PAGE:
The fundamental aim of the proposed study is examine new evidence that shows the correlation between creativity and inspiration. To this end, there will be a two-stage study that will examine and review important elements and aspects of creative science and reviews.
Participants of Study
In order to examine the actual correlation between creativity and inspiration, there will be a random selection of 10 participants. Each of the participants will be asked what he is best in creating. Thus, a range of events and activities that requires innovation and creativity will be identified per each respondent.
In the first interview, the respondents will identify a range of activities that s/he can carry out appropriately. From there, the respondent will be asked if there is something s/he will want to create in one of the activity ranges. The individual will be allowed to narrate a sketchy element of what he wants to create. The respondent will be given 3 weeks to produce what s/he has thought of. Within that period, the individual will be encouraged to take a log of the times s/he got ideas of how to actually implement the theory that was envisioned. And in the process, new ideas must be listed.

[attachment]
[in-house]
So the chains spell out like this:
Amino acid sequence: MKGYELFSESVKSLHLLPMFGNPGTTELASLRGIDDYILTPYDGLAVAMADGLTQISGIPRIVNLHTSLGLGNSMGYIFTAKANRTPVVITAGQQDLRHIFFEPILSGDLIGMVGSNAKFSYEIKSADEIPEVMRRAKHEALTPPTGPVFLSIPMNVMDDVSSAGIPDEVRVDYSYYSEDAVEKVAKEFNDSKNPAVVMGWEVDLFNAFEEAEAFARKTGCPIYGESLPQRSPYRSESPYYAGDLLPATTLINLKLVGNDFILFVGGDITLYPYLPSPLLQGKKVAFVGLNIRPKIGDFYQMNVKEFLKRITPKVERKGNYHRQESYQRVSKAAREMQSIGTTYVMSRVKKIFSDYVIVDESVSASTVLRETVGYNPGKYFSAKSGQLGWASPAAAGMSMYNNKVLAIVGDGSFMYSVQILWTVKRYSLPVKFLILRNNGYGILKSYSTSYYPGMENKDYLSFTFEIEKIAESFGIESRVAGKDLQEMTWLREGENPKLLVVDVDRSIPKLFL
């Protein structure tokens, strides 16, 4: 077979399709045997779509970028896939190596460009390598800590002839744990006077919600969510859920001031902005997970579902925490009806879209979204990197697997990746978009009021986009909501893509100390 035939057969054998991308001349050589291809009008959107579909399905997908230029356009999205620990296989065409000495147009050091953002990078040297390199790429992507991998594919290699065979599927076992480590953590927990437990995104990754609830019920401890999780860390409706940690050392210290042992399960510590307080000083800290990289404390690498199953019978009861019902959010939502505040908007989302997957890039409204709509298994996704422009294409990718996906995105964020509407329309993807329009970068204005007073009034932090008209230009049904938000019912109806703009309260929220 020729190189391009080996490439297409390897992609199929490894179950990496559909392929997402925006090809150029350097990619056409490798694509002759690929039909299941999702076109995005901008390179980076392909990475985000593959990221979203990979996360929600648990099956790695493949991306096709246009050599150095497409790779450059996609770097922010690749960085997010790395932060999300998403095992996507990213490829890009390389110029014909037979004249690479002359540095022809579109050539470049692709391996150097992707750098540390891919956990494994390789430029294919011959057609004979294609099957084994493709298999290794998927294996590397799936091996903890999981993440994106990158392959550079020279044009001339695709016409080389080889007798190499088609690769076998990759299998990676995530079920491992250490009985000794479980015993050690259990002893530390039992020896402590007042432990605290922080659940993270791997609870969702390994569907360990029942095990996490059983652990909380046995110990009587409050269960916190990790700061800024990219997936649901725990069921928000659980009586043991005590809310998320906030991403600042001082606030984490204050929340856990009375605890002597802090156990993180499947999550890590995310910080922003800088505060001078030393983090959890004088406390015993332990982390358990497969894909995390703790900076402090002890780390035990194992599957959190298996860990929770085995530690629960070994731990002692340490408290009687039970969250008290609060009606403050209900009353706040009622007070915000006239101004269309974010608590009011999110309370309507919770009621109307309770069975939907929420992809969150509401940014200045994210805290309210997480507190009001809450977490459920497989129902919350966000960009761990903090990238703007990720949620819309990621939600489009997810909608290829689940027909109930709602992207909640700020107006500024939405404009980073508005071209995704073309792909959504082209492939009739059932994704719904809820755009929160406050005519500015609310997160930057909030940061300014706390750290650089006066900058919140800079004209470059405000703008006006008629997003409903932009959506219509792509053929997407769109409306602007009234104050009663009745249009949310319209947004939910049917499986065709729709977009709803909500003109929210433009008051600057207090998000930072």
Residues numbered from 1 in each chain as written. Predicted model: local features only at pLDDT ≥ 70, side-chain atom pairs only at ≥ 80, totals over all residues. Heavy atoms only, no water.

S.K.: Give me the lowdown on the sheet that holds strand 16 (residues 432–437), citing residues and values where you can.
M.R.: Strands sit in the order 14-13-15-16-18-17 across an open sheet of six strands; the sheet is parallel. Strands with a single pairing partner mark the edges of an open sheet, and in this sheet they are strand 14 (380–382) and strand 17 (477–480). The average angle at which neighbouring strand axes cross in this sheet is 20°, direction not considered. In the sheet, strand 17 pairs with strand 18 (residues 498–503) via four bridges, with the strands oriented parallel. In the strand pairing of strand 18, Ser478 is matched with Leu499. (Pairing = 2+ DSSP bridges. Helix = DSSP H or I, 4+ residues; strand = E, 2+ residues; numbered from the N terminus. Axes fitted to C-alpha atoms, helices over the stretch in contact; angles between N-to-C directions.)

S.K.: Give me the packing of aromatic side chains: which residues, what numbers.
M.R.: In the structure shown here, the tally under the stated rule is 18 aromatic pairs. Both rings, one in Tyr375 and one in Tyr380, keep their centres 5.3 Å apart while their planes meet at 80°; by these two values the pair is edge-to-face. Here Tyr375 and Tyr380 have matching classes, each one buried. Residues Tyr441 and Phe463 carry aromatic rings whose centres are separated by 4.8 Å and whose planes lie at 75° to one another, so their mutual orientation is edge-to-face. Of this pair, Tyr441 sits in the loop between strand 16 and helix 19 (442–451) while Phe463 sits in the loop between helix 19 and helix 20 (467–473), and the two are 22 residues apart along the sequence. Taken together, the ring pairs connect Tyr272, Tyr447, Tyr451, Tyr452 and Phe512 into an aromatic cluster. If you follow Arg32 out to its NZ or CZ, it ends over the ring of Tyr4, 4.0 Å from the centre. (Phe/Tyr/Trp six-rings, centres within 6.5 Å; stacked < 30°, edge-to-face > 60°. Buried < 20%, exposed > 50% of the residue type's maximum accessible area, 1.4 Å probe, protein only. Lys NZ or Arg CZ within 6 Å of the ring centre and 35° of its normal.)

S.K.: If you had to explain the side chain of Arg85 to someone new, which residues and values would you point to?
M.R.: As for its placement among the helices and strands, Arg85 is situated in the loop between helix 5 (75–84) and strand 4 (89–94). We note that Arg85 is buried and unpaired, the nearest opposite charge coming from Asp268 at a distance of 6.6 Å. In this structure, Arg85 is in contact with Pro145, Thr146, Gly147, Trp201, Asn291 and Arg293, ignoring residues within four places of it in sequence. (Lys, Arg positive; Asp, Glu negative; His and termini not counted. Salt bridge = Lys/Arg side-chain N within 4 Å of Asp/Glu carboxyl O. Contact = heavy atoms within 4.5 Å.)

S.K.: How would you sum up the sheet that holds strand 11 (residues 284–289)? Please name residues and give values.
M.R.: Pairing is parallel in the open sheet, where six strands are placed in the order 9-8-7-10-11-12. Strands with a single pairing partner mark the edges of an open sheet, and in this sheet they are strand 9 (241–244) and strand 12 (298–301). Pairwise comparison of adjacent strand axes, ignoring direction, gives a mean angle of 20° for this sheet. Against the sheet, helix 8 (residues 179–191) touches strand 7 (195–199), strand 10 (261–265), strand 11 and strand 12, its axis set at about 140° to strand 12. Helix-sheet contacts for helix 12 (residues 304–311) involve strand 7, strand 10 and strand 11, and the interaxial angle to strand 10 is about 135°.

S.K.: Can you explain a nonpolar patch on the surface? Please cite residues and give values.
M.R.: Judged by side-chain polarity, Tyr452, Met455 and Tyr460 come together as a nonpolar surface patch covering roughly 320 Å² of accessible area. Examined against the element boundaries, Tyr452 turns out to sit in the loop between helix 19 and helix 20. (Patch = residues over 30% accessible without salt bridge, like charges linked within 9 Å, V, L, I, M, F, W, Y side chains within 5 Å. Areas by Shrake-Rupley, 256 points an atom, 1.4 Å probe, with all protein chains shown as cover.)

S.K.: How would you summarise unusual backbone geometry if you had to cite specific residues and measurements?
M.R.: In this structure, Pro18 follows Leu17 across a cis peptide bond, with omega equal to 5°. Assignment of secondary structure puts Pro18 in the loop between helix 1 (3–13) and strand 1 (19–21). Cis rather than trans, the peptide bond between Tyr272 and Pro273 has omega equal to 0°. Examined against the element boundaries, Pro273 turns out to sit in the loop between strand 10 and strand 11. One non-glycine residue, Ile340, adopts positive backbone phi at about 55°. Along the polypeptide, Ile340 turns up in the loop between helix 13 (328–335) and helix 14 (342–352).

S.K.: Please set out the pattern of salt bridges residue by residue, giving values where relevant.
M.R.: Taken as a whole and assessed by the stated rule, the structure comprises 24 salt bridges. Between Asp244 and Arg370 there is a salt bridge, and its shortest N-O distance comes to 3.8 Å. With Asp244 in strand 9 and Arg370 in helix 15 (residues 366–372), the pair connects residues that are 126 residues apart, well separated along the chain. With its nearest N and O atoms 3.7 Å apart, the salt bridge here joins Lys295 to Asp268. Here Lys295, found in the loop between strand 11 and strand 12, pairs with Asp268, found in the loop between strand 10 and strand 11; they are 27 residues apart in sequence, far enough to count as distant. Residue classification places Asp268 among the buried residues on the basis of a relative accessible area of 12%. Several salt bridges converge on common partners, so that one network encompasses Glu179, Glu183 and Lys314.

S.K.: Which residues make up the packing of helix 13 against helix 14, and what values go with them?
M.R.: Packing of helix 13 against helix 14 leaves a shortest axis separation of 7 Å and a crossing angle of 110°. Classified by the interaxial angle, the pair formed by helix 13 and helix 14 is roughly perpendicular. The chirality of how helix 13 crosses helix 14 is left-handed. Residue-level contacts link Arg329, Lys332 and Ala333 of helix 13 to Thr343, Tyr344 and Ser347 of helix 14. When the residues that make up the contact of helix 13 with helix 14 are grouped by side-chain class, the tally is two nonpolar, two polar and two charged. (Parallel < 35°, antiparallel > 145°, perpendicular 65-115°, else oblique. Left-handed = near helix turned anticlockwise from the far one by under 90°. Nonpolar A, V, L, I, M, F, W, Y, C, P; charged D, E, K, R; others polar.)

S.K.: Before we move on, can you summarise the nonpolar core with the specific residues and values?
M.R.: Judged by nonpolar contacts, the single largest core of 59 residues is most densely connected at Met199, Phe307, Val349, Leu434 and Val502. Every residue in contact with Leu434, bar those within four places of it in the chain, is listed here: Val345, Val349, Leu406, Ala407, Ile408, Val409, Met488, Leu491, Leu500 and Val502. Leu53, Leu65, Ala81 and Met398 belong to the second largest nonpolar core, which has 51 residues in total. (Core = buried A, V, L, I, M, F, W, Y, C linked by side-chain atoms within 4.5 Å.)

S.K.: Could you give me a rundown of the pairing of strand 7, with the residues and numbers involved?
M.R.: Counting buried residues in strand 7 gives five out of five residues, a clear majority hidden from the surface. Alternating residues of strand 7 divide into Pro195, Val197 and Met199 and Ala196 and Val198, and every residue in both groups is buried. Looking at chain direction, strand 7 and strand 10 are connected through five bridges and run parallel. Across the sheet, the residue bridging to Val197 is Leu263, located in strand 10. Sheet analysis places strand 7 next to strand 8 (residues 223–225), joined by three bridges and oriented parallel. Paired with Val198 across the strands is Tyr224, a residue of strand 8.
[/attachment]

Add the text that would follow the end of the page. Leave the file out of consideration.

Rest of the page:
On the third week, the respondent will be asked to either produce a detailed plan of what s/he wanted to do or the deliverable of what was done. The respondent’s log-book/journal will be evaluated and the trends in inspiration gathering and the impact of the inspiration on the project in question will be evaluated. This will lead to the formulation of conclusions on how this was done and the role inspiration played in the achievement of the final deliverable.
Thus, each case will be evaluated on merit and they will be classified under inspiration pointers and elements of hard work. This will show the inputs that was made by inspiration in conceptualizing the project and how these inspiration pointers played a role in creating the final project. From there, three judges will score the percentage of inspiration and the percentage of hard-work that went into the creativity process.